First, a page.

Steven Spielberg's Netflix Fears

When he said the streaming company’s films shouldn’t be eligible for Oscars, the director was also criticizing bigger problems with Hollywood.

Steven Spielberg at the London premiere of his film 'Ready Player One'
Steven Spielberg at the London premiere of his film Ready Player One (Grant Pollard / Invision / AP)

As Hollywood continues to ponder the encroaching threat of Netflix to the movie-theater model, one of the industry’s luminaries, Steven Spielberg, has gone on the offensive. Netflix films? They’re just TV movies, according to him. “You certainly, if it’s a good show, deserve an Emmy, but not an Oscar,” Spielberg noted in an interview on the press tour for his upcoming film, Ready Player One. He went on to criticize Netflix’s strategy of selectively releasing its more prestige movies in cinemas to be eligible for Oscars consideration. “I don’t believe that films that are just given token qualifications in a couple of theaters for less than a week should qualify for the Academy Award nomination,” the director said.

Spielberg is the latest director to publicly criticize Netflix’s film-distribution model. Last year it was Christopher Nolan, who was promoting Dunkirk; like Ready Player One, that was a mega-budgeted movie with arresting visuals meant to be seen on a big screen. “Netflix has a bizarre aversion to supporting theatrical films,” Nolan said at the time. “They have this mindless policy of everything having to be simultaneously streamed and released, which is obviously an untenable model for theatrical presentation.”

Nolan and Spielberg have one key thing in common: They’re both blockbuster directors whom studios love, and who will probably never need Netflix’s help getting their films made and distributed. But despite Spielberg’s position of privilege in the industry, a closer look at the rest of his interview suggests there’s more nuance to his views. Yes, he’s arguing that Netflix movies should be considered TV, since that’s the format they’re presented in. But Netflix isn’t the only existential threat to filmmaking, in his mind. Also to blame are the company’s competitors: the big movie studios who’ve abandoned many of the smaller-budget projects that used to be their bread and butter.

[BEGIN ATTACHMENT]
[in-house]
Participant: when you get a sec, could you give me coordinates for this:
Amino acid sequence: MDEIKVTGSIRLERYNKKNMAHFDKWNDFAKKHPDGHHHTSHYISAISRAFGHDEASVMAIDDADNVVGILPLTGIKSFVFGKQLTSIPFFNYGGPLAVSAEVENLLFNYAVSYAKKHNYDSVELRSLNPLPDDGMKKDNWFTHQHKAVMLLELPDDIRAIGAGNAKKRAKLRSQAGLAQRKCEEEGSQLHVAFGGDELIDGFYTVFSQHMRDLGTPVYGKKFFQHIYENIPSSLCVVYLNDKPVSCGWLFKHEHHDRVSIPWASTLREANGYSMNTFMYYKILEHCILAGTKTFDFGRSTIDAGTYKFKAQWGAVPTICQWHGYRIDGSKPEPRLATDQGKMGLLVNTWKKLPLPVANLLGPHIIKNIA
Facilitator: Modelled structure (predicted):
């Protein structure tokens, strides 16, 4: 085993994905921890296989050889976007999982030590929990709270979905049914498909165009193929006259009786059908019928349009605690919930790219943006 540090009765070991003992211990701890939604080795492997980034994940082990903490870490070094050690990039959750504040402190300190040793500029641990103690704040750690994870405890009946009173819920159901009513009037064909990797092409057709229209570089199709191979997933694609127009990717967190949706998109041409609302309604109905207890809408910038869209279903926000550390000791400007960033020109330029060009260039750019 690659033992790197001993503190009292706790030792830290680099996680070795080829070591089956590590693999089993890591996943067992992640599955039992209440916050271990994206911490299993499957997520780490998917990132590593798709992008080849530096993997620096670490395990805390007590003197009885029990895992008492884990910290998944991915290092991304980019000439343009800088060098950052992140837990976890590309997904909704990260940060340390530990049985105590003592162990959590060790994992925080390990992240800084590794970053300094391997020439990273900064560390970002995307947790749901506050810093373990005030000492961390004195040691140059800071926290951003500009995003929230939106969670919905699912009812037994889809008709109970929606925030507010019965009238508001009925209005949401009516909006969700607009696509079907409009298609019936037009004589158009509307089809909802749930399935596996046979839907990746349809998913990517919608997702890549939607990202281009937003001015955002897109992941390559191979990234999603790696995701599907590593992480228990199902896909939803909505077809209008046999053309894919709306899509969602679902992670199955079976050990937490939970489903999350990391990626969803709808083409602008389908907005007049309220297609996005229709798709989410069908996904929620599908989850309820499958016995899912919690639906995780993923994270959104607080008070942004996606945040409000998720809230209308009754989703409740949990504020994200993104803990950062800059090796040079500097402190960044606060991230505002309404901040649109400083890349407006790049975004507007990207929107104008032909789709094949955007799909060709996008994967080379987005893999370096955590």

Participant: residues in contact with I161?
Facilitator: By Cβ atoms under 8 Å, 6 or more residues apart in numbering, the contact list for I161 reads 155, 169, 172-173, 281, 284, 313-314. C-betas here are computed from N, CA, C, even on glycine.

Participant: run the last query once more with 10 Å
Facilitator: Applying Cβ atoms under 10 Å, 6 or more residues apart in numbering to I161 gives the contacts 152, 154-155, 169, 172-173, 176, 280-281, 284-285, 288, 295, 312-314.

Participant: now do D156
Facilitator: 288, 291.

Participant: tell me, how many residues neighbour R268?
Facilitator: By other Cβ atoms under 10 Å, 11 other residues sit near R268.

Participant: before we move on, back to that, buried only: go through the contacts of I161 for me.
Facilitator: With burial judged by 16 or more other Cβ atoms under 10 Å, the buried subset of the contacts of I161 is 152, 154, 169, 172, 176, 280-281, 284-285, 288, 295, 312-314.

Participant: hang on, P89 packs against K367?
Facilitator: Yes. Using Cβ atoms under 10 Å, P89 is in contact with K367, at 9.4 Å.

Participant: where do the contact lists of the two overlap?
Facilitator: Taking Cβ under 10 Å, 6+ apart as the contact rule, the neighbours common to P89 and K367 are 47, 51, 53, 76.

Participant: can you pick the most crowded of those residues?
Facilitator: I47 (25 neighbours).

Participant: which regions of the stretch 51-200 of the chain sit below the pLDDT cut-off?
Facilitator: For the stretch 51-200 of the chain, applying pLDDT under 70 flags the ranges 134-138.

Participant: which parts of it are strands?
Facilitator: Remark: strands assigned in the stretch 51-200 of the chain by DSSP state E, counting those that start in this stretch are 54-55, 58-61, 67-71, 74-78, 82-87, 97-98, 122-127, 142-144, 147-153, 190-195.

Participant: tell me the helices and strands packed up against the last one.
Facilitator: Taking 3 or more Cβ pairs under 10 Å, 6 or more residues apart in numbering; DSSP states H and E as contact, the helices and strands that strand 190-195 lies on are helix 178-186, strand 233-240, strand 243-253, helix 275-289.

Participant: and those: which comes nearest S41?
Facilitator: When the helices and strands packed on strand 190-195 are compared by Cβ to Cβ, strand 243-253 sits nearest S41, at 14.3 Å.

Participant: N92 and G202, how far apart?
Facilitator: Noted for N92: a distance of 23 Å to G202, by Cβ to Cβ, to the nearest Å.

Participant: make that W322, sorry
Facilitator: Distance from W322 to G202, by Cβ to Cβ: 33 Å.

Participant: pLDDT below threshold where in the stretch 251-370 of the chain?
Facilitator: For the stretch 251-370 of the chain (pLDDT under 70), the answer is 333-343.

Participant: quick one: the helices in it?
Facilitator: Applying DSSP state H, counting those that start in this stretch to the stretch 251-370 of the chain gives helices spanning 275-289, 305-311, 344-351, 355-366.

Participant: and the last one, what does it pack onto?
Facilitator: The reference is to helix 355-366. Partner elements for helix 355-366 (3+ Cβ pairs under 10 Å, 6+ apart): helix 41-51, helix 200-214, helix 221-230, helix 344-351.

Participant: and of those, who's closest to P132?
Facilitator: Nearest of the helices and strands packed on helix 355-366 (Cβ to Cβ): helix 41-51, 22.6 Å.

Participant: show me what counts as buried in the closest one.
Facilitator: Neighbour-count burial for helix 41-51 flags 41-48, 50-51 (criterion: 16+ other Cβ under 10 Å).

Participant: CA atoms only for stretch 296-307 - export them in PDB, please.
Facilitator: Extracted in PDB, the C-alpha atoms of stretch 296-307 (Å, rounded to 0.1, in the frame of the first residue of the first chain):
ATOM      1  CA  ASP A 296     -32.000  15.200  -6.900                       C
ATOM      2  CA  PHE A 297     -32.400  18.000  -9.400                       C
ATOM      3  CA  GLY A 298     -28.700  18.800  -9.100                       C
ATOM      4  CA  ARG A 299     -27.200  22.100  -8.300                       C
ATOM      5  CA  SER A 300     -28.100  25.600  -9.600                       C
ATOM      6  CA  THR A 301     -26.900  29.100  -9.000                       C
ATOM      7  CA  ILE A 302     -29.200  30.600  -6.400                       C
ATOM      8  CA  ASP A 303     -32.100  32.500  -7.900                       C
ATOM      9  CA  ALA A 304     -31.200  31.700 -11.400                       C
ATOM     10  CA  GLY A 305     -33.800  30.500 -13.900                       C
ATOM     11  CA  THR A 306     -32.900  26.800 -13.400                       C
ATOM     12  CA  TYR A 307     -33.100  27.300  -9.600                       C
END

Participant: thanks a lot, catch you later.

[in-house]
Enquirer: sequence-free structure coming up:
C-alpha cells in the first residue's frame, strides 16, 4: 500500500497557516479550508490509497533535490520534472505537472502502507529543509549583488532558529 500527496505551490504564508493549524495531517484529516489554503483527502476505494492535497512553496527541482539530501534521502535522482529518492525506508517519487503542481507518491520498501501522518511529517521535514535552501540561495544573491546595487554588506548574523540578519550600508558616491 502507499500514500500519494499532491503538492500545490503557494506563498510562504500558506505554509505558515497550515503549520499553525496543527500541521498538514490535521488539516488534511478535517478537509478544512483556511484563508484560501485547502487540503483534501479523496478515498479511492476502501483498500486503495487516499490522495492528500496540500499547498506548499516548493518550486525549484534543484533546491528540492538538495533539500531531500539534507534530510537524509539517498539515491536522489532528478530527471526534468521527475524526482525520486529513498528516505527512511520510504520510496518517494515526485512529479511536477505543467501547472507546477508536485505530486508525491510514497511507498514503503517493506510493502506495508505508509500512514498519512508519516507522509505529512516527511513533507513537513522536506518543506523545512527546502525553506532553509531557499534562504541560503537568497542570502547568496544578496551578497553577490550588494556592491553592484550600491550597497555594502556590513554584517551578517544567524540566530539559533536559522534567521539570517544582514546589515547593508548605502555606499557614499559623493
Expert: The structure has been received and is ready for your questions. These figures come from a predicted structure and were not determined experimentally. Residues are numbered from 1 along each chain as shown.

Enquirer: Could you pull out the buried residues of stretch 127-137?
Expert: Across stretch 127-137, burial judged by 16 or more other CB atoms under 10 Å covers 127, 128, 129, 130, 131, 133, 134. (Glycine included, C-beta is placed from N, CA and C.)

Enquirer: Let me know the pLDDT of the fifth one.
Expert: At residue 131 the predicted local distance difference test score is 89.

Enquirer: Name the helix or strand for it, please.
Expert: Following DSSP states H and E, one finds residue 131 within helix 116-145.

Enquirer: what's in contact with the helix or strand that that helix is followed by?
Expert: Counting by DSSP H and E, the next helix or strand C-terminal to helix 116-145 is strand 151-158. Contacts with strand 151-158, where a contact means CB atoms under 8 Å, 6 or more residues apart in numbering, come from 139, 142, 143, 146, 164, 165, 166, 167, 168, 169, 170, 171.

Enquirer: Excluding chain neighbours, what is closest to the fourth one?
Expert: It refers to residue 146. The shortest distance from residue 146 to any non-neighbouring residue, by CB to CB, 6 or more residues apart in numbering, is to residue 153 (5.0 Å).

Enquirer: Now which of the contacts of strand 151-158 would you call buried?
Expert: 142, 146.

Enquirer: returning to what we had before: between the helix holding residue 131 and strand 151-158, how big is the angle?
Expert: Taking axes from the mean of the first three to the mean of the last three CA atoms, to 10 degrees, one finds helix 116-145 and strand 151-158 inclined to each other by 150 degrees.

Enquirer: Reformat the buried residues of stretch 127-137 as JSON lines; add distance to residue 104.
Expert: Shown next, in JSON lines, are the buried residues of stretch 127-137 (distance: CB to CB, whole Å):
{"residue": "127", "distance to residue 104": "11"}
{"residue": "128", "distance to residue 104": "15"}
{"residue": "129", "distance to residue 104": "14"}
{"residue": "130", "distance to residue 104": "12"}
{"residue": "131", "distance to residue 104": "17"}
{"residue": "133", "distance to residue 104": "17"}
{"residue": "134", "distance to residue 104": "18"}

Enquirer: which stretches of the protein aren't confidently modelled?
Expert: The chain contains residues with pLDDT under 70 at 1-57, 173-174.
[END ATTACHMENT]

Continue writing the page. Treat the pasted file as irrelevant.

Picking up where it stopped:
In his interview with ITV News, Spielberg said he sees Netflix as part of a natural evolution of the TV industry, which has rivaled cinema for decades. Only now, movie studios are shrinking from the fight, the director explained:

[Netflix] is a challenge to cinema, the same way television in the early 1950s pulled people away from movie theaters … Hollywood’s used to that. We are accustomed to being highly competitive with television. The difference today is that a lot of studios would rather just make branded tentpole guaranteed box-office hits from their inventory … than take chances on smaller films. And those smaller films that studios used to make routinely, are now going to Amazon, Hulu, and Netflix.

Though Spielberg doesn’t think Netflix movies should win Oscars, he clearly recognizes that the company is making the kind of films traditional studios tend not to produce anymore. And he’s criticizing the establishment he’s long been part of for its unwillingness to take risks on properties that aren’t brand names. Though his forthcoming movie, Ready Player One, is an action-packed spectacle based on a bestselling book, it’s far from the sure bet that a Star Wars or Marvel title might be. And without Spielberg’s name attached, Warner Bros. might have balked at greenlighting it.

But like Nolan, Spielberg is also grousing about Netflix’s particular release strategy, which is designed to aggressively disrupt the theater industry. Since launching its original films in 2015, Netflix has secured theatrical releases for certain major movies to qualify them for Oscars contention. But the company insists on having these films hit the big screen and the streaming service on the same day. Unsurprisingly, this approach has already gotten Netflix banned from main competition at the Cannes Film Festival. (Amazon, the other major streaming player in film, gives its movies a long theatrical run before making them exclusively available on its streaming platform months later.)

Perhaps an Oscar ban will follow for Netflix; perhaps not. But of late, Netflix has seemed less interested in pursuing awards fare, and the company has generally been far more successful on the TV front anyway. In the end, the streaming company will always be able to counter arguments about its theater-busting strategy by pointing out accessibility—even the smaller films it makes can be instantly watched by more than a hundred million people around the world.

Banning Netflix from the Academy Awards would be an aggressive move by establishment Hollywood. But it’s easy to see where Spielberg’s anxieties regarding the future of mainstream filmmaking are coming from, given the deluge of sequels and franchise movies that flood the ever-extended summer market. The Oscars have long been the best way to encourage studios to produce less commercial, more artistic fare; and if more of those movies get diverted to streaming services, that won’t bode well for the big screen.